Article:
A spotlight on Shelter City in Georgia



April 1, 2020

A spotlight on Shelter City in Georgia

Georgia is currently home to two Shelter Cities, on which we want to shine a spotlight below.

Located between Central Asia and Eastern Europe, Georgia is the perfect place for relocation and rehabiliation of human rights defenders at risk. The country provides activists with an inclusive and vibrant civil society. Moreover, Shelter City Tbilisi and Shelter City Batumi offer them tailormade support and trainings, a safe space as well as a quite and relaxing atmosphere in a hospitable and diverse country.

“It’s a pleasure to watch how the time spent in Shelter City Tbilisi changes people and makes their inner light shine again.” – Shelter City Georgia Team

Shelter City Tbilisi

Shelter City Tbilisi was the first Shelter City to be created outside of the Netherlands. It was founded in 2017 as a result of the cooperation between two NGOs: Center for Participation and Development (Georgia) and Truth Hounds (Ukraine/Georgia).

Its unique location makes it accessible to human rights defenders coming from the  Caucasus, Central Asia, Russia, Belarus and Ukraine. Shelter City Tbilisi has grown over the years and starting from 32 activists, it now hosts more than 80 changemakers. It provides them with a safe atmosphere and opportunities such as educational trainings, group exercises and capacity-building courses.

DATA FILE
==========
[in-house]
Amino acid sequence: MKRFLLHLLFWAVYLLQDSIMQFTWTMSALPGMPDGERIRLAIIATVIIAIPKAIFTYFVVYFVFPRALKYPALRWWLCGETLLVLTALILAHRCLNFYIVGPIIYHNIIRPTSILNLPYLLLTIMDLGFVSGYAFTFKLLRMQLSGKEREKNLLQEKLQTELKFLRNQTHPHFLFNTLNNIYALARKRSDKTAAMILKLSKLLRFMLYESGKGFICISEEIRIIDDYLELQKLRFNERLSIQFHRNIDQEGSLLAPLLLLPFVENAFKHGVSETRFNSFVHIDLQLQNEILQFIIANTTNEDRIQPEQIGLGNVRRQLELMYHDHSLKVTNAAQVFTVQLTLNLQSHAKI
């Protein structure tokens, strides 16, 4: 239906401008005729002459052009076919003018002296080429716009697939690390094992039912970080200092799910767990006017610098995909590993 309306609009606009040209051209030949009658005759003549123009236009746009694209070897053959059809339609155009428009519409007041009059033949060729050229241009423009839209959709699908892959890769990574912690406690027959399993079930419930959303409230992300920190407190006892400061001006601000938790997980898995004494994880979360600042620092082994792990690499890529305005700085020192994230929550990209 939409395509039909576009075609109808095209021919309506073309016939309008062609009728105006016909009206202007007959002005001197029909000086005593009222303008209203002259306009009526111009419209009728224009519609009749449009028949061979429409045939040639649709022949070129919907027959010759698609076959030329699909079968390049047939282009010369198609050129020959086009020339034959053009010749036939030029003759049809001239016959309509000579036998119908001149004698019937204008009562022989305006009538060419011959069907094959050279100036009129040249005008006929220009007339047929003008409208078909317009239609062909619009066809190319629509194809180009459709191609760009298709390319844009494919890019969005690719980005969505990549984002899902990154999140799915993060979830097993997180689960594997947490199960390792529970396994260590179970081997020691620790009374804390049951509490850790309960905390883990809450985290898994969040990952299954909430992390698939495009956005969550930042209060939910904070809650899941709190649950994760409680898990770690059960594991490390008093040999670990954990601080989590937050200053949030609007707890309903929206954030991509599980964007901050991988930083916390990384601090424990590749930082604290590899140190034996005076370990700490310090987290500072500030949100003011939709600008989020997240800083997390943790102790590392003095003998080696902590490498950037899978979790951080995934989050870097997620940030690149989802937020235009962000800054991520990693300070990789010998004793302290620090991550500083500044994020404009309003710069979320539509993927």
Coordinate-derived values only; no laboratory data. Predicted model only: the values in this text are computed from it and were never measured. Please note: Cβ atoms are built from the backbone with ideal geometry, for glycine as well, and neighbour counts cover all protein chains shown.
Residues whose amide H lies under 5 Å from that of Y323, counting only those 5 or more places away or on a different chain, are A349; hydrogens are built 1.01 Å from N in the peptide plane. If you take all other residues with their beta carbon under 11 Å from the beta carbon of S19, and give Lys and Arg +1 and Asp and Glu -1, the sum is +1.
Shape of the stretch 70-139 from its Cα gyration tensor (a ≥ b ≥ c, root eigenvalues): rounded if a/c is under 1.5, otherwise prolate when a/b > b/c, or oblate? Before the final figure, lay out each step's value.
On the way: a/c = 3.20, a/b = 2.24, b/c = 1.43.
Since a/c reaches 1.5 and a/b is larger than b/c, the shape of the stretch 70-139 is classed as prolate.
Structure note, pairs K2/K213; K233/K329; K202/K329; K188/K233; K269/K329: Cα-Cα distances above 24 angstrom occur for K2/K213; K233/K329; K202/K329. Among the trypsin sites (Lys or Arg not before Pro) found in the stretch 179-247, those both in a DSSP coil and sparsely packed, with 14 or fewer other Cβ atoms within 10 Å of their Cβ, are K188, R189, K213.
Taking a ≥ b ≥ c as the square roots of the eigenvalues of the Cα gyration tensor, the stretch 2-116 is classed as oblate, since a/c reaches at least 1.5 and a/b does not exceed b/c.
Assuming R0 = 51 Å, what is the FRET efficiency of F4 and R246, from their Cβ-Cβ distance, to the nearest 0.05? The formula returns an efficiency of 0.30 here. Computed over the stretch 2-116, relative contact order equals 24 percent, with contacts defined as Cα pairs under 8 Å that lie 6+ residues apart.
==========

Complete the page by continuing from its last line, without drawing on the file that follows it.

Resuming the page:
“I experienced such care and a sense of family for the first time in another country. It’s a very unusual feeling when you receive care, instead of you taking care of others.”– Leonid, human rights defender from Russia, former guest of Shelter City Tbilisi.

The Shelter City Georgia team at the second birthday of Shelter City Tbilisi; second from right to left is Vitali Safarov, who lost his life to an ethnic hate crime in Georgia in September 2018.

Shelter City Batumi

Almost half a year ago Batumi became the 16th Shelter City to join the movement. This was only possible thanks to the support of the Supreme Council of the Autonomous Republic of Adjara. The new Shelter City has already received its first guests, and will continue to provide support to human rights defenders from the region, especially to those with dependent family members.

Svitlana Valko (left), project coordinator of Tbilisi Shelter City and George Marjanishvili (right), administrator of Tbilisi Shelter City, with Ilia Verdzadze (middle), Head of the Human Rights Committee of the Supreme Council of the Autonomous Republic of Adjara.

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